By Divya R and Ankit Ajmera
(Reuters) - Cessna business jet maker Textron Inc reported a higher-than-expected quarterly profit on Wednesday, benefiting from robust aircraft deliveries, sending its share up 1.6 percent in early trading.
Business jet demand has been growing steadily in the United States, the world's biggest market, on the back of an expanding economy and rising corporate profits.
Textron said it delivered 44 jets in the first quarter ended March 30, up from 36 last year. Commercial turboprop deliveries rose to 44 aircraft from 29 last year.
"We think this quarter has pretty much ticked all the boxes for Textron. Aviation growth has continued, with a positive book to bill in the quarter," Vertical Research Partners analyst Robert Stallard said.
Textron has faced delays in final certification of its newest super mid-size Longitude jet, which is expected to contribute a 'big chunk' to the company's revenue growth in 2019.
Analysts have warned that the certification delays from the U.S. Federal Aviation Administration due to partial government shutdown followed by the regulator's intense focus on re-certifying Boeing Co's 737 MAX aircraft might impact sales growth at the company in the short.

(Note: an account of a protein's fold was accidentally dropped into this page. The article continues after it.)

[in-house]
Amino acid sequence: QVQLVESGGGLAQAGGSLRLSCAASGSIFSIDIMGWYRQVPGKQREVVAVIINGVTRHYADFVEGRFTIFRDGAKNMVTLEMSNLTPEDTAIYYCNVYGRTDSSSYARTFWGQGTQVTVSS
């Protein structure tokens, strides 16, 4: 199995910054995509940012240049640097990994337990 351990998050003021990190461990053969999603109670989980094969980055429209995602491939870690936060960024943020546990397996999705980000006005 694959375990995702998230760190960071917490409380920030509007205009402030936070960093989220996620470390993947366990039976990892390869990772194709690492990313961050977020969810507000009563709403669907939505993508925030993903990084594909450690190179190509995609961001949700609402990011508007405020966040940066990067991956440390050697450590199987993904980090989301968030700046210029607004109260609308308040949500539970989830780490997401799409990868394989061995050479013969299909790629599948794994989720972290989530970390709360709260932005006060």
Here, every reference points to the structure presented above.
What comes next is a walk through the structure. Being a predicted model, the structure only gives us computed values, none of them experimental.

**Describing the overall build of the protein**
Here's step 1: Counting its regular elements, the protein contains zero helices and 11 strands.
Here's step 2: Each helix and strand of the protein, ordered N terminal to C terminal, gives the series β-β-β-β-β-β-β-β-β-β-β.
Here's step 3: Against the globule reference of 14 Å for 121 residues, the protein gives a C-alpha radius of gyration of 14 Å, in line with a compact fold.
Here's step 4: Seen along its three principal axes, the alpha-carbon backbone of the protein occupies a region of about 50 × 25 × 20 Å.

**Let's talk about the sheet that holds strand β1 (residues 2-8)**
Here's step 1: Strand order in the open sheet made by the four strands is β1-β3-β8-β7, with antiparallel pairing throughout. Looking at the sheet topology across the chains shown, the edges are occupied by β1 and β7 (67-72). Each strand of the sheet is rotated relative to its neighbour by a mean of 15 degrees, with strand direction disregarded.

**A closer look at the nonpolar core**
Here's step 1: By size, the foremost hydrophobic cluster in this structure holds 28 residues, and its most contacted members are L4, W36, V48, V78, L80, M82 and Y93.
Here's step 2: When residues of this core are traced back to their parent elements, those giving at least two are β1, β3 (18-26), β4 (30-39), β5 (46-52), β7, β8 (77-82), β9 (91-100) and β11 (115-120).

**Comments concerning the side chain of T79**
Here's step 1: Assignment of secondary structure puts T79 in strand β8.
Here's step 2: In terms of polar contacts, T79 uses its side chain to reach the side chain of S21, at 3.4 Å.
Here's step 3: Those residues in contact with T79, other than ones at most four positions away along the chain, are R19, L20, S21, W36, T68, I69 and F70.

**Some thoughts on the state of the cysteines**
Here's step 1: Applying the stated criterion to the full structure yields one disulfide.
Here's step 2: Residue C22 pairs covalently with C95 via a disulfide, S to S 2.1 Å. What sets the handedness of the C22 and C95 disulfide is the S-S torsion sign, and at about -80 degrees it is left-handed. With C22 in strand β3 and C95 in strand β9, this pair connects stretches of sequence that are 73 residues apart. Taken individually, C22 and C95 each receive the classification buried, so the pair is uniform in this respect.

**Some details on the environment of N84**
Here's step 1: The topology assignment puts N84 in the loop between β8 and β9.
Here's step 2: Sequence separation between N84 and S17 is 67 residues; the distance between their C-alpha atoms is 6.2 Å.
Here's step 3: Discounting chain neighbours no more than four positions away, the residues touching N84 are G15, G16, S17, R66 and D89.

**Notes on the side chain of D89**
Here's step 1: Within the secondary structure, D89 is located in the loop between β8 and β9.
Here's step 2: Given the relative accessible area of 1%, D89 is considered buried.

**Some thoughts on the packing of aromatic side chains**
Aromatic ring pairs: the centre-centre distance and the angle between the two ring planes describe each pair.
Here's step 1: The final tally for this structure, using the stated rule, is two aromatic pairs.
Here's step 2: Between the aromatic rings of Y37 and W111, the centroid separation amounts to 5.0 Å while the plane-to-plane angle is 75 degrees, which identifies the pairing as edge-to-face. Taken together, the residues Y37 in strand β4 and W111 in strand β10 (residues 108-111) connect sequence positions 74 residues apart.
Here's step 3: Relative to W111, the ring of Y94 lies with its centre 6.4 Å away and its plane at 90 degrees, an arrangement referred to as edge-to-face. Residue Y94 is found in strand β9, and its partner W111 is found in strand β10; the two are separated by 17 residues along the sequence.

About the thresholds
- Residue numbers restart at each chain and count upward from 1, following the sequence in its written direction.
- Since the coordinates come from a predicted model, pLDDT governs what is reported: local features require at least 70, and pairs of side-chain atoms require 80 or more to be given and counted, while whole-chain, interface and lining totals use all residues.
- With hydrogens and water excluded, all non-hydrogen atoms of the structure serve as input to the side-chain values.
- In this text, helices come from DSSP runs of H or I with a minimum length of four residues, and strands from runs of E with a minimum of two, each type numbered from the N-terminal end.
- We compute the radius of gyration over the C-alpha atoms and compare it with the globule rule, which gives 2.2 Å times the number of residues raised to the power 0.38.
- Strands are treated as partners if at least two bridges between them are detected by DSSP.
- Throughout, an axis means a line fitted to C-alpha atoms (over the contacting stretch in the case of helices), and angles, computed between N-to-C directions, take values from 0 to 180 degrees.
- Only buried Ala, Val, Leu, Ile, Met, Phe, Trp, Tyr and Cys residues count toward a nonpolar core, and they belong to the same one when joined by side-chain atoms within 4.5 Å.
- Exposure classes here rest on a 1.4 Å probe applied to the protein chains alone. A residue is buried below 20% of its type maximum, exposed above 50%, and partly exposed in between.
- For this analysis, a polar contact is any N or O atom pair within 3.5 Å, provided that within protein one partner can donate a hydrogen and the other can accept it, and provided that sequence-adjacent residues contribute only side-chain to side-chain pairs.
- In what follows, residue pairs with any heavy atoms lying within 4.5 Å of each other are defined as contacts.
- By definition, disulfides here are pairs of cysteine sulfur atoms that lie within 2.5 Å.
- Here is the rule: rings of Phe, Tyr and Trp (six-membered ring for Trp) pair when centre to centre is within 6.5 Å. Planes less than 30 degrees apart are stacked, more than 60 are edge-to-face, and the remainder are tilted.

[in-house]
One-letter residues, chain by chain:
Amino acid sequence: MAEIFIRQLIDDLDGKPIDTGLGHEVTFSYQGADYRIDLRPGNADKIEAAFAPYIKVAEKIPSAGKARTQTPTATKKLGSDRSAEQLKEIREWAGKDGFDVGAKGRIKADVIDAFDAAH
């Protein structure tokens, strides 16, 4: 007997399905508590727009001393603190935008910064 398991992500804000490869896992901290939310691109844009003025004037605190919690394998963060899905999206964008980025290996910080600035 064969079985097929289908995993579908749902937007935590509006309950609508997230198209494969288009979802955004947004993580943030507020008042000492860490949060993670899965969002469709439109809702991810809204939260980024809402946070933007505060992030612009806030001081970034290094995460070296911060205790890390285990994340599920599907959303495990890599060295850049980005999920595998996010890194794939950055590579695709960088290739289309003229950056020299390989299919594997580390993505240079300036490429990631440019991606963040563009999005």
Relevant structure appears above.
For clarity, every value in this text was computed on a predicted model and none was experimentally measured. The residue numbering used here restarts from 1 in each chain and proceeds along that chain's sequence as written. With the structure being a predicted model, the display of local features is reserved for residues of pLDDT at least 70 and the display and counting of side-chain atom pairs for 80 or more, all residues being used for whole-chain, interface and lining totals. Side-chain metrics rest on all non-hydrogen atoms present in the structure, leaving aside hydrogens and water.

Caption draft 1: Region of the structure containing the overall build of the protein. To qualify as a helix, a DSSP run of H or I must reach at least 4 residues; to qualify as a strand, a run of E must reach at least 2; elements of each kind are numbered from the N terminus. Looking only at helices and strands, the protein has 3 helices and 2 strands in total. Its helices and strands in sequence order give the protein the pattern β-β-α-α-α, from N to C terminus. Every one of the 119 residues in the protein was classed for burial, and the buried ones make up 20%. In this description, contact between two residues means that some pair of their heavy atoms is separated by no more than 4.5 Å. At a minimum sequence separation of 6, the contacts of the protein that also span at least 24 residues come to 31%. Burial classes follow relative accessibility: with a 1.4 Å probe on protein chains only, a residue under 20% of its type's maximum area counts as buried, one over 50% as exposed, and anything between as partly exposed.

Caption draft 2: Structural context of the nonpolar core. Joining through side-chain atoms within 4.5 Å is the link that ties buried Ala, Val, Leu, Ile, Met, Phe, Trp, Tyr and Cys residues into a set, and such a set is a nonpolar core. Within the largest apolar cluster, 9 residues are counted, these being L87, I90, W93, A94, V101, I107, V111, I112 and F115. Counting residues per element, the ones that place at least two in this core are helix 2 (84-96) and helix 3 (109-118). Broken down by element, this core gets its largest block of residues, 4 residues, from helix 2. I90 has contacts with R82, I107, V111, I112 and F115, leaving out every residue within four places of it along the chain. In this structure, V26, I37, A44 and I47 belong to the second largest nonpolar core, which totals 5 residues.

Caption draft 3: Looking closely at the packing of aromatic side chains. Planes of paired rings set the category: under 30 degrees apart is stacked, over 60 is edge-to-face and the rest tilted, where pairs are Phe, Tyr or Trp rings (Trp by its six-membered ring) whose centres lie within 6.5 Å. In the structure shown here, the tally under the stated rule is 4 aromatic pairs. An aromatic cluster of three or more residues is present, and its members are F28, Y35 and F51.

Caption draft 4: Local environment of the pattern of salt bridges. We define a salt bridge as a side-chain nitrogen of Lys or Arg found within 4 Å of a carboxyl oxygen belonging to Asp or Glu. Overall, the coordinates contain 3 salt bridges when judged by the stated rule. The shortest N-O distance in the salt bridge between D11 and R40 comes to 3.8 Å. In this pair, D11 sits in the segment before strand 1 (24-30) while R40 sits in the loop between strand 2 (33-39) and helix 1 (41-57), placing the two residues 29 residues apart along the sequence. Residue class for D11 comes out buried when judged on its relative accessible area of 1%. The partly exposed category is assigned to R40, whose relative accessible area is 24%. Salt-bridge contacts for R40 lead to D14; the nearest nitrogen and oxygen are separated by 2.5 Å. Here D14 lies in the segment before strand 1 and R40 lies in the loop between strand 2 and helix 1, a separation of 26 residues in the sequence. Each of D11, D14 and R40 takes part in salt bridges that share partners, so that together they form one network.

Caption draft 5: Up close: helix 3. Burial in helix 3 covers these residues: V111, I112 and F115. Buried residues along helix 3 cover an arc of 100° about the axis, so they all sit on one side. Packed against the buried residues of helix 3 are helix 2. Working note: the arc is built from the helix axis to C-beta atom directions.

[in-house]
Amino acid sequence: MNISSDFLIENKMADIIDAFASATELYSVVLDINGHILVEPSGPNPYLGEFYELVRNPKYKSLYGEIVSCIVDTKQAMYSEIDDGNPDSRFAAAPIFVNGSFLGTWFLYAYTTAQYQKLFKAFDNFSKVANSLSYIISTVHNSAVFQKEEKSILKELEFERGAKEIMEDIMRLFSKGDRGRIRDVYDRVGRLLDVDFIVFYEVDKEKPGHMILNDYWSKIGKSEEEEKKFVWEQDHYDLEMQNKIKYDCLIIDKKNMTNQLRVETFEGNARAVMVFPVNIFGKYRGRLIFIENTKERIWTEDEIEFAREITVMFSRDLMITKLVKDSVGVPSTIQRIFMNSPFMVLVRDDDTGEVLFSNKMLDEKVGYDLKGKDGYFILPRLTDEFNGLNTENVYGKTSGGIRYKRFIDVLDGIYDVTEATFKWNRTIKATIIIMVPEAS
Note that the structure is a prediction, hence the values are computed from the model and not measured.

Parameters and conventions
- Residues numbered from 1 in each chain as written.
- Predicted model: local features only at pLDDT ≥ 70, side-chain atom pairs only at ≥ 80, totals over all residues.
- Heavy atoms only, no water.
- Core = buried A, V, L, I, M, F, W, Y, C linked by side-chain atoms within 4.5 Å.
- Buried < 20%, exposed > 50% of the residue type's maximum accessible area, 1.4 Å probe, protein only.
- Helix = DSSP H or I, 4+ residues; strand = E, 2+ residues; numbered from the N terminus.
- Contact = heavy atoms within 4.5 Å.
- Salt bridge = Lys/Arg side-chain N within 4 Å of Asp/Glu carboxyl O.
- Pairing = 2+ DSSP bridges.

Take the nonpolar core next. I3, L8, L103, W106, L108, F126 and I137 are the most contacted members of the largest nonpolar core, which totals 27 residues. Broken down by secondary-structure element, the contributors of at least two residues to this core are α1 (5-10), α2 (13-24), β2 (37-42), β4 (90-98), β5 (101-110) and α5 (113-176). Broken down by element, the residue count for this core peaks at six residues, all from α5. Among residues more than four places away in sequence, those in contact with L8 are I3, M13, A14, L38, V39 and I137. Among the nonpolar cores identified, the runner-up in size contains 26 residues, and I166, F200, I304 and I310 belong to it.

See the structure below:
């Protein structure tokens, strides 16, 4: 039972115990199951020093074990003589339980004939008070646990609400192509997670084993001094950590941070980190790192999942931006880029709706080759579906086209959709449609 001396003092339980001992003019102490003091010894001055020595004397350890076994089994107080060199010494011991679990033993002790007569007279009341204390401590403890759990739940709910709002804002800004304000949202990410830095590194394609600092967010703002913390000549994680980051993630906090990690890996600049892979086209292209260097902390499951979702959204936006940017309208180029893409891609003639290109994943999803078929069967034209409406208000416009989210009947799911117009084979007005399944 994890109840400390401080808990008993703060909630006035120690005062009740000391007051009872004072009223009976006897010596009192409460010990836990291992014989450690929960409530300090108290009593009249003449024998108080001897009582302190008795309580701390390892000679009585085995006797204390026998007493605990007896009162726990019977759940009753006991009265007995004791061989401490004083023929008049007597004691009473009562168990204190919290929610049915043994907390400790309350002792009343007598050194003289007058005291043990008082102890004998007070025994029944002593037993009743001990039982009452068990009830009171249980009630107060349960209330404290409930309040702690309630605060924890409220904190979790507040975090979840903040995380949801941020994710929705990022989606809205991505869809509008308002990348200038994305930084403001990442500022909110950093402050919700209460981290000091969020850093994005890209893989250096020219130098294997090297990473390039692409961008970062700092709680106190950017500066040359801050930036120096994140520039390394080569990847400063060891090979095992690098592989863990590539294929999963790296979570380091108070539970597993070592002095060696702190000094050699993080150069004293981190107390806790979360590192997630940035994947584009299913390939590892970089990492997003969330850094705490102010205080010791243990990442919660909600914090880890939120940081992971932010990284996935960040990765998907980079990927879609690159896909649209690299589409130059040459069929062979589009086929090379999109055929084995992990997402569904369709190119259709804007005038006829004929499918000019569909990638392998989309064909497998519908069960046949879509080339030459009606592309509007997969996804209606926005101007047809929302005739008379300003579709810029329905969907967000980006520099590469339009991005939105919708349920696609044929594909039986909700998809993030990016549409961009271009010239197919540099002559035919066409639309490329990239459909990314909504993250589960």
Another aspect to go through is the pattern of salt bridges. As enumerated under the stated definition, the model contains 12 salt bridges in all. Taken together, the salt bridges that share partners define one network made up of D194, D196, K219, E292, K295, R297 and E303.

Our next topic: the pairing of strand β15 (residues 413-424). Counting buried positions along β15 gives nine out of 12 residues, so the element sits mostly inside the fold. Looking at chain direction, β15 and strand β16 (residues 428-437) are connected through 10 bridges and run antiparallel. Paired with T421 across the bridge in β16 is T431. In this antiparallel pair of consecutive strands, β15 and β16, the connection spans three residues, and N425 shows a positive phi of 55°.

Though the aviation business was among the drivers for a profit beat, Textron's revenue missed Wall Street estimates, hurt by lower sales in its systems unit, which makes tactical armored patrol vehicles.
Textron re-affirmed its full-year profit outlook range of $3.55 to $3.75 per share.
Sales in the company's aviation business, its biggest, rose 12.3 percent to $1.13 billion in the first quarter, while sales in the systems unit fell more than 20 percent to $307 million.
The company's net income fell to $179 million in the quarter ended March 30 from $189 million a year earlier.
Textron earned 76 cents per share, above analysts' average estimate of 68 cents, according to Refinitiv data.
Textron's revenue fell 5.7 percent to $3.11 billion, below analysts' estimates of $3.17 billion.
(Reporting by Divya R and Ankit Ajmera in Bengaluru; Editing by Maju Samuel)